This is the new EU’s AI act

The European Union approved the first worldwide AI act, and it is taking a significant importance in the citizens daily lives. Nowadays, we are hearing about artificial intelligence everywhere. Whether at the Christmas table, on social media, or almost imperceptibly when we unlock our phone with our face. AI has arrived to stay, and although the concept has been trendy for a few years now, what many are unaware of is its origin in the 1950s. Since that moment, AI has kept on evolving, with significant advances during the 2000s in automatic learning and data processing capacity increase that has made possible global access.


What is AI means?

AI refers to computer systems created to perform tasks that typically require human intelligence, such as learning or reasoning. Regarding any situation, AI can reason and process information to make decisions in order to achieve a goal.

As technology advances, we can find AI in more and more fields and tools, to the point of needing regulation. We can find AI in such diverse fields impossible to imagine ten years ago: generating autonomously written content, coding in common programming languages, creating scripts and creative content, real-time tutorials, or even generating musical and artistic compositions, among many other activities. The widespread use of AI in all spheres has forced these intelligent models to comply with measures to ensure:

  • transparency, to correct inappropriate practices.
  • traceability, to track the evolution of systems.
  • non-discrimination, to avoid unfair prejudice.
  • measurement of environmental impact, to ensure environmental sustainability.


Different regulations according to risk

In May 2023, the European Union presented the first law proposal to rule the uses and scope of AI, which culminated in the approval of the world’s first AI act. This fundamental step had been under discussion since April 2021 when Brussels presented the original proposal at a time when technology had not reached the need to set limits yet. The new AI act will be overseen by experts and defined within a solid legal framework to ensure a neutral and longstanding definition to be applied in future AI advances. Failure to comply with these measures entails fines for companies that evade their obligations, which can reach €35 million or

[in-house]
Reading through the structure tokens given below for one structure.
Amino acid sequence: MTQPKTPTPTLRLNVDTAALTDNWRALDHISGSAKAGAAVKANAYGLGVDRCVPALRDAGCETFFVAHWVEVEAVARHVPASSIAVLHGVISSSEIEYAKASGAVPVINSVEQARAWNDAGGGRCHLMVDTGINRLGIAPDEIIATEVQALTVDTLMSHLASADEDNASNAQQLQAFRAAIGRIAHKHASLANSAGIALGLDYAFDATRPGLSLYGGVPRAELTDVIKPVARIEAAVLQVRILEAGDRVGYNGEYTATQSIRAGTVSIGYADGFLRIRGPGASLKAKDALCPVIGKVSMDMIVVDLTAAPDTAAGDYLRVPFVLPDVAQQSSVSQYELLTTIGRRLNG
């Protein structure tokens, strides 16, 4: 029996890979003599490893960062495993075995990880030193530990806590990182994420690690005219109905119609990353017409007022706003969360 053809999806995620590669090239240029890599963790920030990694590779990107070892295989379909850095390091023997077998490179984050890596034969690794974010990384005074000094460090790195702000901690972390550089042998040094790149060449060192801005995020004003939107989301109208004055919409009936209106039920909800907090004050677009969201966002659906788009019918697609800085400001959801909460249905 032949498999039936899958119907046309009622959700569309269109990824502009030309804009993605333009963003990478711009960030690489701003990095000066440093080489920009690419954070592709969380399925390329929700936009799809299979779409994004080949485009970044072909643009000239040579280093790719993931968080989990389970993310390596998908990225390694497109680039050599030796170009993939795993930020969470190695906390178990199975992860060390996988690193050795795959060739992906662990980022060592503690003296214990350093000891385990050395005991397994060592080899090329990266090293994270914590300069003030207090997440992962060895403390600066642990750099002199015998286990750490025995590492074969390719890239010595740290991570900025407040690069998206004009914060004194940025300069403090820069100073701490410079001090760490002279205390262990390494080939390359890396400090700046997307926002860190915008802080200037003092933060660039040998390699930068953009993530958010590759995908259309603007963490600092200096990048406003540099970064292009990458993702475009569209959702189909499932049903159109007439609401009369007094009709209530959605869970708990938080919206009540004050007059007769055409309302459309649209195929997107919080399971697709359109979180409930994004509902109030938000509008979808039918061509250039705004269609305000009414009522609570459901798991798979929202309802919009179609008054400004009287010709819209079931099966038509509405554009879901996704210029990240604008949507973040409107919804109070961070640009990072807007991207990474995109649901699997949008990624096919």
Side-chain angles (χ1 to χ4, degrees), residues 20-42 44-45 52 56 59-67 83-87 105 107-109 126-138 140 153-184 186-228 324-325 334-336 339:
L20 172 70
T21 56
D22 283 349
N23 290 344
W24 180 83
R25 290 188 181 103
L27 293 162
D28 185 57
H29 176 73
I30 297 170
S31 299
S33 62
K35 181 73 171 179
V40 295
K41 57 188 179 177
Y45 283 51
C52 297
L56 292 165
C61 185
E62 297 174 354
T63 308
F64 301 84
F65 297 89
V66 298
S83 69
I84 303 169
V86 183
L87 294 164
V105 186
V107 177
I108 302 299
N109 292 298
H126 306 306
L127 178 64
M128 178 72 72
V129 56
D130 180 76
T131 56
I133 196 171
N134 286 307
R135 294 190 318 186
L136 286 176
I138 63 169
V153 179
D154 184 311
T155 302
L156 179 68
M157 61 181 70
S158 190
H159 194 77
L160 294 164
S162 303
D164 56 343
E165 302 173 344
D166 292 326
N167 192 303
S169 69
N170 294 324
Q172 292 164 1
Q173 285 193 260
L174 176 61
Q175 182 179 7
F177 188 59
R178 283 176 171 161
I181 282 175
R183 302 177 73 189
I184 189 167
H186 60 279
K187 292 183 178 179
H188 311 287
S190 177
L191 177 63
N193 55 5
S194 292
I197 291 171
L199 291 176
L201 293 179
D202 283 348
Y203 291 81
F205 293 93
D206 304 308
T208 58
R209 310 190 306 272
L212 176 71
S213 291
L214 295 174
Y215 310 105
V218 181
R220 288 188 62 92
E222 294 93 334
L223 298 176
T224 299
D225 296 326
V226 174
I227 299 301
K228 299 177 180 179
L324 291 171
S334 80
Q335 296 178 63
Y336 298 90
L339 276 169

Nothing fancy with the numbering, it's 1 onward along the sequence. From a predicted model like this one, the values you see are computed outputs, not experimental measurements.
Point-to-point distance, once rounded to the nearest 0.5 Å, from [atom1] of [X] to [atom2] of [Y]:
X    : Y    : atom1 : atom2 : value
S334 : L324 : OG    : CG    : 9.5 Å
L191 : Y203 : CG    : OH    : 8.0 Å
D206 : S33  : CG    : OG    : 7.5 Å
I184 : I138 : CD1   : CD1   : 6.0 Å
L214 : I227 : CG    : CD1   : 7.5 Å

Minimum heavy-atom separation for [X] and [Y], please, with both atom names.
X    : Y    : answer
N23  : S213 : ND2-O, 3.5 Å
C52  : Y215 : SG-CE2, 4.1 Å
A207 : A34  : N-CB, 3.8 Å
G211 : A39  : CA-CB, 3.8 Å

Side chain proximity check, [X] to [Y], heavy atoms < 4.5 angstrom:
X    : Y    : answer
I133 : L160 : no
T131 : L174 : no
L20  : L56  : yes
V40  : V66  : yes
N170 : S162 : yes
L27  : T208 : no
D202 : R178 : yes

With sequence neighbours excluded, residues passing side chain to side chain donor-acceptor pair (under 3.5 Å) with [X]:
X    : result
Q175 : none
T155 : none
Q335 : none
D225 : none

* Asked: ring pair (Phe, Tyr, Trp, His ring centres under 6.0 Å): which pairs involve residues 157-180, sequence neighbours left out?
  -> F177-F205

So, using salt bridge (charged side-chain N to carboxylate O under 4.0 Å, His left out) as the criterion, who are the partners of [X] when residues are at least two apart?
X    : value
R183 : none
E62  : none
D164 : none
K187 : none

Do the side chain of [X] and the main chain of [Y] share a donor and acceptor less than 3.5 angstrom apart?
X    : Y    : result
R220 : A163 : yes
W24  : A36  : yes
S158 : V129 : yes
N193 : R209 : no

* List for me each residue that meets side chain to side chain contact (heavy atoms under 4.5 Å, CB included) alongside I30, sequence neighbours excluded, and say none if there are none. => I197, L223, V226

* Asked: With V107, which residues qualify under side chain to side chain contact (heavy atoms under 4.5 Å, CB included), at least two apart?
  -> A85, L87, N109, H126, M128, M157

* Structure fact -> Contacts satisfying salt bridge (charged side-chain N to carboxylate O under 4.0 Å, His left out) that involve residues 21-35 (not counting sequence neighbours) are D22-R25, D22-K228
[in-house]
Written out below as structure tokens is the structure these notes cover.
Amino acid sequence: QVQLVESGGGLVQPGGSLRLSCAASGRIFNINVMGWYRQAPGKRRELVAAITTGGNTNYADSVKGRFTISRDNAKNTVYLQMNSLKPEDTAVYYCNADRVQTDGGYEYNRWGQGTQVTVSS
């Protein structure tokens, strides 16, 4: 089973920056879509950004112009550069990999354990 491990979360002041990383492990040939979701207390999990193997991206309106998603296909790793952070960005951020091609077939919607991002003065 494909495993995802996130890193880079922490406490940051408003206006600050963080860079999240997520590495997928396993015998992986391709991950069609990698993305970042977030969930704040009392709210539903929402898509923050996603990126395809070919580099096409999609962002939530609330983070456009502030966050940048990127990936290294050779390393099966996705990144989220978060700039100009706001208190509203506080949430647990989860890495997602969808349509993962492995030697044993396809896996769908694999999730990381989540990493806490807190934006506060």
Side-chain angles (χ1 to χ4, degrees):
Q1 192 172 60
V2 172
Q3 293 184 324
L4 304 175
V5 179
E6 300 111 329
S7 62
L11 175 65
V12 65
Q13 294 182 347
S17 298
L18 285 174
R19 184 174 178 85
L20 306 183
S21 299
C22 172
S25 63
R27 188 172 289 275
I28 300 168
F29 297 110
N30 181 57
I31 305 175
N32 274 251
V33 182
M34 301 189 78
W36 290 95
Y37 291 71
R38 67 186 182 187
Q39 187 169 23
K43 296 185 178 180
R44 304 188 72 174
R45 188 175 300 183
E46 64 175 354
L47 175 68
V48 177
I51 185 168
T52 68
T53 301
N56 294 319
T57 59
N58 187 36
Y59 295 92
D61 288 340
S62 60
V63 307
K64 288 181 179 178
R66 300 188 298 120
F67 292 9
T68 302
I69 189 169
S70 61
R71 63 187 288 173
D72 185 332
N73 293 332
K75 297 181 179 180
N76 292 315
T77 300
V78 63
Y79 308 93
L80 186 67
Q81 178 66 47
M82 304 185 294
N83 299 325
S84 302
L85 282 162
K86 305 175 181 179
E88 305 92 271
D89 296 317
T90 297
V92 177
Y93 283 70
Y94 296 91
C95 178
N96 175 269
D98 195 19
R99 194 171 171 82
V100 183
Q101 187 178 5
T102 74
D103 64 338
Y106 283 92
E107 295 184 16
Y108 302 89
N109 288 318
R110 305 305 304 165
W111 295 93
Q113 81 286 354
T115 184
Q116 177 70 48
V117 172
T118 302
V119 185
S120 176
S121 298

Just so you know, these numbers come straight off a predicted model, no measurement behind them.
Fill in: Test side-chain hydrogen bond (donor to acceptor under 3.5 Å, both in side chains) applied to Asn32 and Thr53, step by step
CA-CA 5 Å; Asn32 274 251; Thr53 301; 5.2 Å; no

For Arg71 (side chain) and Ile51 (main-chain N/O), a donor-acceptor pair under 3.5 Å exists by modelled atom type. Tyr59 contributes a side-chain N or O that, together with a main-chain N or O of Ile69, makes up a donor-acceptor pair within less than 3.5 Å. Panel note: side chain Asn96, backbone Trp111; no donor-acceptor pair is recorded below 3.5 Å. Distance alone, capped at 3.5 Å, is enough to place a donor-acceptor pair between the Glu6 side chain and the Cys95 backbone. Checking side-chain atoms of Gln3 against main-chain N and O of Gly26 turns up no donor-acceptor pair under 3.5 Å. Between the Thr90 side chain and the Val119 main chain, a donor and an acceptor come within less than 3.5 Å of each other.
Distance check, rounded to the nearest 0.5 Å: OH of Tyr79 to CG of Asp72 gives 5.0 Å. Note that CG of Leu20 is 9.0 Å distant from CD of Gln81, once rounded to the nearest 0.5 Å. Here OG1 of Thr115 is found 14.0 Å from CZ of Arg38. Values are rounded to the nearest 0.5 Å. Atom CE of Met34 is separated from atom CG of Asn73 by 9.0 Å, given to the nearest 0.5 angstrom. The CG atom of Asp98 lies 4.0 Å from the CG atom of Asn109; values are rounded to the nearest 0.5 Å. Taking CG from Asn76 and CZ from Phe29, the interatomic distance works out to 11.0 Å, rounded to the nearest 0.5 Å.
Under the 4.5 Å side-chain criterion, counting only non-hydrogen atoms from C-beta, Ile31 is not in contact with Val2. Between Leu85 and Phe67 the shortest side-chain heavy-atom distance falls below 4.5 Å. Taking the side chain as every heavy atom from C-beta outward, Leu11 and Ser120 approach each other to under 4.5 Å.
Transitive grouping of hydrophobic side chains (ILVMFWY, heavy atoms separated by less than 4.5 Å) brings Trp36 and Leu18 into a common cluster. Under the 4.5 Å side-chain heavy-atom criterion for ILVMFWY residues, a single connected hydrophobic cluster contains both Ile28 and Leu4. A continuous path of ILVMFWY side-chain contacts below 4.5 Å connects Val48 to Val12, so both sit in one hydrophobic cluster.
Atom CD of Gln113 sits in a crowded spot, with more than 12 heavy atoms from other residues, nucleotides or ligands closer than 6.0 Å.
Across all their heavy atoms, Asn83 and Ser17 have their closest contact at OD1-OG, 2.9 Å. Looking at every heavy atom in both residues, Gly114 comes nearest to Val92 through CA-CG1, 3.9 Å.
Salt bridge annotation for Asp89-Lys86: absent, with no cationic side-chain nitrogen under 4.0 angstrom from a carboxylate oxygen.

Even so, the following risk levels have been established from lowest to highest:


Restrictions in the AI act for generative artificial intelligence

There is a section, regardless of the level of risk it poses, related to generative AI. This would have to comply with transparency requirements and could lead to some modifications in the system when the act comes into force.

One of the most well-known examples of generative AI, standed out last year, is OpenAI’s ChatGPT, also to be affected. This novelty would require the company to disclose the content has been generated by AI, design the model to prevent it from generating illegal content, or publish summaries of copyrighted data used for training.

Another system that may be affected is Microsoft’s new AI-based assistant, Copilot, which is already deployed in Windows 11. However, the Digital Markets Law published by the end of 2022, has had a decelerating effect in several European countries, anticipating the same with this new AI regulation.


Systems for deepfake detection and threats

Although it is necessary to regulate and inform about AI, the apps combination to avoid fraud might be the key. At Gradiant, along with Councilbox, we have been working in the alliance GICTEL to perfect anti-fraud systems and detect spoofing attacks. So far, the results have been very positive. It is true that deepfakes are becoming increasingly accurate and can be used for illicit purposes, but it is also true that we already have tools that allow us to protect ourselves from these threats. The solution is not to regret the consequences of such an attack, but to equip ourselves with the appropriate defense to prevent it from happening.

DAGIA can detect threats and incidents in ICT infrastructures, adapting the technologies of a SOC to provide users with simple and automatic cybersecurity management. At Gradiant we are working in AI and Process Mining models to analyze the data and obtain patterns of behavior, both for presence and absence of anomalies, providing metrics and alerts to the user for subsequent analysis and response.





Operation co-financed by the European Union through the Feder Galicia 2021-2027 Operational Program. Joint Research Unit for the development of various highly innovative technologies in the field of identity management and cybersecurity. FEDER, a way to make Europe.